Micro Analysis on Hallstatt Textiles: Colour and Condition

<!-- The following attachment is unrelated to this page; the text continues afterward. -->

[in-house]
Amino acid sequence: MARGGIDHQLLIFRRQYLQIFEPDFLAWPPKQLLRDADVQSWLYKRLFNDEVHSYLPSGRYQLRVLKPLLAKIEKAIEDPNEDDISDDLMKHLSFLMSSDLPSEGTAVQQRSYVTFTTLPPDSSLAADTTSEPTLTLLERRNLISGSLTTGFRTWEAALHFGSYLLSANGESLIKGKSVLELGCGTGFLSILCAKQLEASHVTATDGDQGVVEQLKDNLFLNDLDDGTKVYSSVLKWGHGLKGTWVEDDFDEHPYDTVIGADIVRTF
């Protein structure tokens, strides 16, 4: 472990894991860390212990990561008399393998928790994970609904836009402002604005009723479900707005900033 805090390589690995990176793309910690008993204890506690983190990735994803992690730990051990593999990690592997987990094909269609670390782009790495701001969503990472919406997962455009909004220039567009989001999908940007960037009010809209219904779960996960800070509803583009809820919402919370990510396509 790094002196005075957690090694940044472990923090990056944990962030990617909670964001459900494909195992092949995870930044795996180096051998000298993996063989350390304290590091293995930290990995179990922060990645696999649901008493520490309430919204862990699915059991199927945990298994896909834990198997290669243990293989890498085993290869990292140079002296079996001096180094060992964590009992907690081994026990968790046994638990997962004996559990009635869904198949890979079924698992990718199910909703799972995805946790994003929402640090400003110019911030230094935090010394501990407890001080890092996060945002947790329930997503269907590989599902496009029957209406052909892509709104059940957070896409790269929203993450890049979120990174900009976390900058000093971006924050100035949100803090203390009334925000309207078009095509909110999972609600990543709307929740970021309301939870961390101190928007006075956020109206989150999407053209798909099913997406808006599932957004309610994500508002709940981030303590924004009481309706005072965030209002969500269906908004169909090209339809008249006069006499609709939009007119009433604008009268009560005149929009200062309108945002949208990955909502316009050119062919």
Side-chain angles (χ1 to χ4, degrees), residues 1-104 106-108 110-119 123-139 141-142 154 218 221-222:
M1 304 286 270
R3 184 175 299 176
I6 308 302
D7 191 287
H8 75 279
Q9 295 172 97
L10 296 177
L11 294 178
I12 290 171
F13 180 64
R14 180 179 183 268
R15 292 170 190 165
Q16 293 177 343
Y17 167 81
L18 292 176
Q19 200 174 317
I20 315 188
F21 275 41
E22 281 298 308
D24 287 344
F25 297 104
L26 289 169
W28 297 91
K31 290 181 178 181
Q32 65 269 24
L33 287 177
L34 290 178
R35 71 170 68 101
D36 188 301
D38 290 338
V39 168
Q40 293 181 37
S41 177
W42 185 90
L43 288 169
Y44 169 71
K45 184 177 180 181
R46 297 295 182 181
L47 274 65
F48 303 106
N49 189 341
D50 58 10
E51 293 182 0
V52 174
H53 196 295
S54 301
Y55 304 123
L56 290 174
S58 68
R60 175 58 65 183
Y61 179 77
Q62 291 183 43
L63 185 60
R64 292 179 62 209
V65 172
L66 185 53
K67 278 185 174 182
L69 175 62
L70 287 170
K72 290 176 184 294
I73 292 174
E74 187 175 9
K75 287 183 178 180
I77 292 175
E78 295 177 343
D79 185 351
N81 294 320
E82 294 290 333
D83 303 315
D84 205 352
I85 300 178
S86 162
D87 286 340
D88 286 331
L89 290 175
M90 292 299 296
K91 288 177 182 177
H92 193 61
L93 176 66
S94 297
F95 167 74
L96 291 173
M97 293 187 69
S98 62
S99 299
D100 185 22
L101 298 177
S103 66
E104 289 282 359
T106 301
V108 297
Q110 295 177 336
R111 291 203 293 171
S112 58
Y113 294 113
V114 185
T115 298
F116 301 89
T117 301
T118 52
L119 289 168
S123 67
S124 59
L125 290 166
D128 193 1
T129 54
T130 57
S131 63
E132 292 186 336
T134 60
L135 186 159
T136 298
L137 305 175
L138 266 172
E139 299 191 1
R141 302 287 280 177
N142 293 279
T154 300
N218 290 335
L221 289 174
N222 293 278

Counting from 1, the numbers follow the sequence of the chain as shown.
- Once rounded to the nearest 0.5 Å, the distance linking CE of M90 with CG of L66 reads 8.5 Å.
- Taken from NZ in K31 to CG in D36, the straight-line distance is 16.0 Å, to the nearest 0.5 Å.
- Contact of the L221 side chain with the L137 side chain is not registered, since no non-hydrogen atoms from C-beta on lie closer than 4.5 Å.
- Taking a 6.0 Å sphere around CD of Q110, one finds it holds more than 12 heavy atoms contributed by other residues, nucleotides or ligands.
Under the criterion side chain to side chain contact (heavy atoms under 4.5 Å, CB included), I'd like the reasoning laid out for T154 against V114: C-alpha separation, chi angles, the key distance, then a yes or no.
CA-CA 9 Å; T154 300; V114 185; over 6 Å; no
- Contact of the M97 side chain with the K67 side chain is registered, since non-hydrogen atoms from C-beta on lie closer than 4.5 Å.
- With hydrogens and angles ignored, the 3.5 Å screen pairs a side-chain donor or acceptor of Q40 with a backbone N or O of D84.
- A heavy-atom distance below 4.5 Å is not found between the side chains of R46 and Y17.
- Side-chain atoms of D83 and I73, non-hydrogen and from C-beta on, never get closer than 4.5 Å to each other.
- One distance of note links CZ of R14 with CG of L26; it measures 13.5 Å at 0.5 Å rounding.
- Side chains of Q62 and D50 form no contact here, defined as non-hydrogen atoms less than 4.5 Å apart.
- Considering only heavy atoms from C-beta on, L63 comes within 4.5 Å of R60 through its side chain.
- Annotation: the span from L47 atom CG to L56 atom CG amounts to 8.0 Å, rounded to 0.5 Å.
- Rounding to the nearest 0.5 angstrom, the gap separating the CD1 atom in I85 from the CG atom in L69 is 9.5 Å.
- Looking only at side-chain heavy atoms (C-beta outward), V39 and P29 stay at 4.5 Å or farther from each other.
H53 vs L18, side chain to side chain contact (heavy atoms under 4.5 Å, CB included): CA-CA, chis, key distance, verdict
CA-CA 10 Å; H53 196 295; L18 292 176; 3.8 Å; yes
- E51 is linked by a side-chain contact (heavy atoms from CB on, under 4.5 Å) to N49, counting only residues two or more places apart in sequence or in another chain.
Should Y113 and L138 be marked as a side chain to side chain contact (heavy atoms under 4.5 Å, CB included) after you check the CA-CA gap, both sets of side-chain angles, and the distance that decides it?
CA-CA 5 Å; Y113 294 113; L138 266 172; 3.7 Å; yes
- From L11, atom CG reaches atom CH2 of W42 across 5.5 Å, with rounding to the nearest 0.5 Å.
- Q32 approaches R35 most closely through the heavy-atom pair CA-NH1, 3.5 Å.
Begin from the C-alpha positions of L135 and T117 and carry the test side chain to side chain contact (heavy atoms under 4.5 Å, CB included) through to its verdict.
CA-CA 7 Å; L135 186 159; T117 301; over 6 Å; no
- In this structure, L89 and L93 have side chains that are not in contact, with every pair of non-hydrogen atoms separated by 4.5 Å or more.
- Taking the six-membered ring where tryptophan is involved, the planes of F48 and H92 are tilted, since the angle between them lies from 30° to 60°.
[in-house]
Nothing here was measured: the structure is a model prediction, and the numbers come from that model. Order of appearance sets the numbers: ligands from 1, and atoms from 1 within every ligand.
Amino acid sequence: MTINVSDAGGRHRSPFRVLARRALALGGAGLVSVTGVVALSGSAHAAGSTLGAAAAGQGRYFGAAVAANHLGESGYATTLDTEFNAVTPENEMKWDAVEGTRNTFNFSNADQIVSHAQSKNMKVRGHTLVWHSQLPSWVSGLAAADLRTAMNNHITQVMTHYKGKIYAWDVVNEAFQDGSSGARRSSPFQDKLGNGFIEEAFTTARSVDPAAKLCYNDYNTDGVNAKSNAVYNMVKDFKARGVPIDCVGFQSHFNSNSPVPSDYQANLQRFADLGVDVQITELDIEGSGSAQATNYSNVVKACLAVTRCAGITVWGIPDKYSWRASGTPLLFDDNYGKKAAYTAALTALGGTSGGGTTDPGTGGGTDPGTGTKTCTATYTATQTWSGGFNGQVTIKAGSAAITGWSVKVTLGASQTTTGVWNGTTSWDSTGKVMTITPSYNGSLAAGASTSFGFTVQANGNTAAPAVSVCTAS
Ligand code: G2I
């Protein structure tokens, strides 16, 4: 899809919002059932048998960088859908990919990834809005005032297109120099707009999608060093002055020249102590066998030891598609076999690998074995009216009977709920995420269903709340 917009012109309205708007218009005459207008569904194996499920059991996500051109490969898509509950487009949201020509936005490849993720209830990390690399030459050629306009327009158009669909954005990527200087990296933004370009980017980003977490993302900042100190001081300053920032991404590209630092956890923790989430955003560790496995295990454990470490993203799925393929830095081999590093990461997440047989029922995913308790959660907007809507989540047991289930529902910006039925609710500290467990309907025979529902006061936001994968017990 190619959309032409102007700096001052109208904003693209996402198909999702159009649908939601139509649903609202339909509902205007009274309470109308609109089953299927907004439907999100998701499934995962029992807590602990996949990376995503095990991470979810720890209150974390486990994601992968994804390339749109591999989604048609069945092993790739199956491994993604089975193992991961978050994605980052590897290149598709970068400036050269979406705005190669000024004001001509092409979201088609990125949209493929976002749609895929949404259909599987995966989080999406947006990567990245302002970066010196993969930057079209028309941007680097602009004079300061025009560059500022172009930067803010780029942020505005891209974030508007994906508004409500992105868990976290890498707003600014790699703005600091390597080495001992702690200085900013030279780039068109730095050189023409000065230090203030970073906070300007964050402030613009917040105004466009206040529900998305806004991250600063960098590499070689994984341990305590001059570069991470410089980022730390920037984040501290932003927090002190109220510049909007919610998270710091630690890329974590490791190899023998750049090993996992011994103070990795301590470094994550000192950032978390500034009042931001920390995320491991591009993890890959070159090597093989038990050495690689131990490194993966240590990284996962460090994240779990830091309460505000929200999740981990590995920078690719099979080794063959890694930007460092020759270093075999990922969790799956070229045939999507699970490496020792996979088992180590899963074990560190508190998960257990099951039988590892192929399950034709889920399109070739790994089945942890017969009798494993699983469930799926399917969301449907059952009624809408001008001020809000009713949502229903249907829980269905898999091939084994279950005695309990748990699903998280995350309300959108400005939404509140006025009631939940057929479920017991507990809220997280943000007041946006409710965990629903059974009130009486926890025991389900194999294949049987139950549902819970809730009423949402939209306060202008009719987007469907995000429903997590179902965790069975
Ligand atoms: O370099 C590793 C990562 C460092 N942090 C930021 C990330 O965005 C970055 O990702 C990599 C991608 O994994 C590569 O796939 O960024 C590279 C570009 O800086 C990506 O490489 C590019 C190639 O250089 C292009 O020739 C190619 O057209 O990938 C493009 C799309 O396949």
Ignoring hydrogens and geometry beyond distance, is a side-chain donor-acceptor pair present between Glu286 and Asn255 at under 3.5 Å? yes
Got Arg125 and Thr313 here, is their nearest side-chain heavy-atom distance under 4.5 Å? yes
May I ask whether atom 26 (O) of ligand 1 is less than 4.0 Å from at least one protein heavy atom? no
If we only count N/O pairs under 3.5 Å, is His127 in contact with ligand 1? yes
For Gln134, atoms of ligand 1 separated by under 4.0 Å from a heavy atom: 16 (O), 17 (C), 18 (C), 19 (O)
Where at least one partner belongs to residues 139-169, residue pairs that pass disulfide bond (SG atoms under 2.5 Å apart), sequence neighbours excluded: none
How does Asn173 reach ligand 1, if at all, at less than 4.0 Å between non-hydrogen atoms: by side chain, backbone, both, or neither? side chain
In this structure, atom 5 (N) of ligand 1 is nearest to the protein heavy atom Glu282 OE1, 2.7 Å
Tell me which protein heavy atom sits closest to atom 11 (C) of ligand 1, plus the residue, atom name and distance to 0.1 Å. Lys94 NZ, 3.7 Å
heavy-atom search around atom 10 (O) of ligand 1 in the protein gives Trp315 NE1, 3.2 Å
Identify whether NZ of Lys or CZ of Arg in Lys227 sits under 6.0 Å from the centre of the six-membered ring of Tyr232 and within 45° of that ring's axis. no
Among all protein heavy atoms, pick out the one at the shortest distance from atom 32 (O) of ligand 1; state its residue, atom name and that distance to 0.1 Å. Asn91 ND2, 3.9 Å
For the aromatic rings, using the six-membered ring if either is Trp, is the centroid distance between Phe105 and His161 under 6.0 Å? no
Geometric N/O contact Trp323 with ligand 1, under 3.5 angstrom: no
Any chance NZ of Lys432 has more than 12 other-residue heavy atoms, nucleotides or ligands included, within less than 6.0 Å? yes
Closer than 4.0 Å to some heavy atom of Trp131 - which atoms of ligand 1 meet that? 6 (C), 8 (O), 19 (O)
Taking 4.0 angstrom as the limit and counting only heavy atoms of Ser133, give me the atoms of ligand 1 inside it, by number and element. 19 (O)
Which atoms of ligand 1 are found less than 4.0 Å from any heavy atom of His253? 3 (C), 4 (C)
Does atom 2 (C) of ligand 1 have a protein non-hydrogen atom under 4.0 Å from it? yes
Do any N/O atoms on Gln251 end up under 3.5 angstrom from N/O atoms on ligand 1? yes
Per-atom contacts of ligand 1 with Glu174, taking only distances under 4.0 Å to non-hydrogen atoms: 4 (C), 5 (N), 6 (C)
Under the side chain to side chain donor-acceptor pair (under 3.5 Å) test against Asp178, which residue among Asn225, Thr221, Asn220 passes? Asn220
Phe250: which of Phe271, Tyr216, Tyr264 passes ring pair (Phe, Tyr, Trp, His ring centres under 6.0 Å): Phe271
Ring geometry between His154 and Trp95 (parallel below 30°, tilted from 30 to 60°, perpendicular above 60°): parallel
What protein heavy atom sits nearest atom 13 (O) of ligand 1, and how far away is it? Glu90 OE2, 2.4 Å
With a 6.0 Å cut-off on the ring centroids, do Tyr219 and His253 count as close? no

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Due to the special conditions in the Bronze Age and Hallstatt Period salt-mines of Hallstatt, Austria, a large number of archaeological textile fragments, dated from 1400 to 400 BC, can be found. Textiles of good condition from these periods are quite unique. The fibres are identified as wool and most of the fragments still have colours i.e. yellow, green, olive-green, brown, blue and black. To obtain information about the dyeing techniques used in this period, dyestuffs analyses are performed by high performance liquid chromatography coupled to photo diode array detection (HPLC-PDA) and mordant analysis by scanning electron microscopy with energy dispersive X-ray spectroscopy (SEM/EDS). In addition, the condition of the textile fibres is assessed by SEM. The analyses revealed that all textiles were dyed with plant dyes and insect dyes. The yellow plant dyes and the red insect dyes are mordant dyes but the identification of mordants turned out to be difficult. SEM/EDS analyses of small uncontaminated areas on the fibre showed that the elements aluminium, iron and copper are present in many samples. These elements could originate from a mordant or from the mine. The condition of the fibres was assessed by the presence of the characteristic scales on the wool, tears, cuts and particles from the mine. It was found that a relation exists between the copper content of the fibres and their condition. Degraded fibres contain more copper. Black textile fragments which are most possibly coloured by iron gall-black show as well degradation phenomena.
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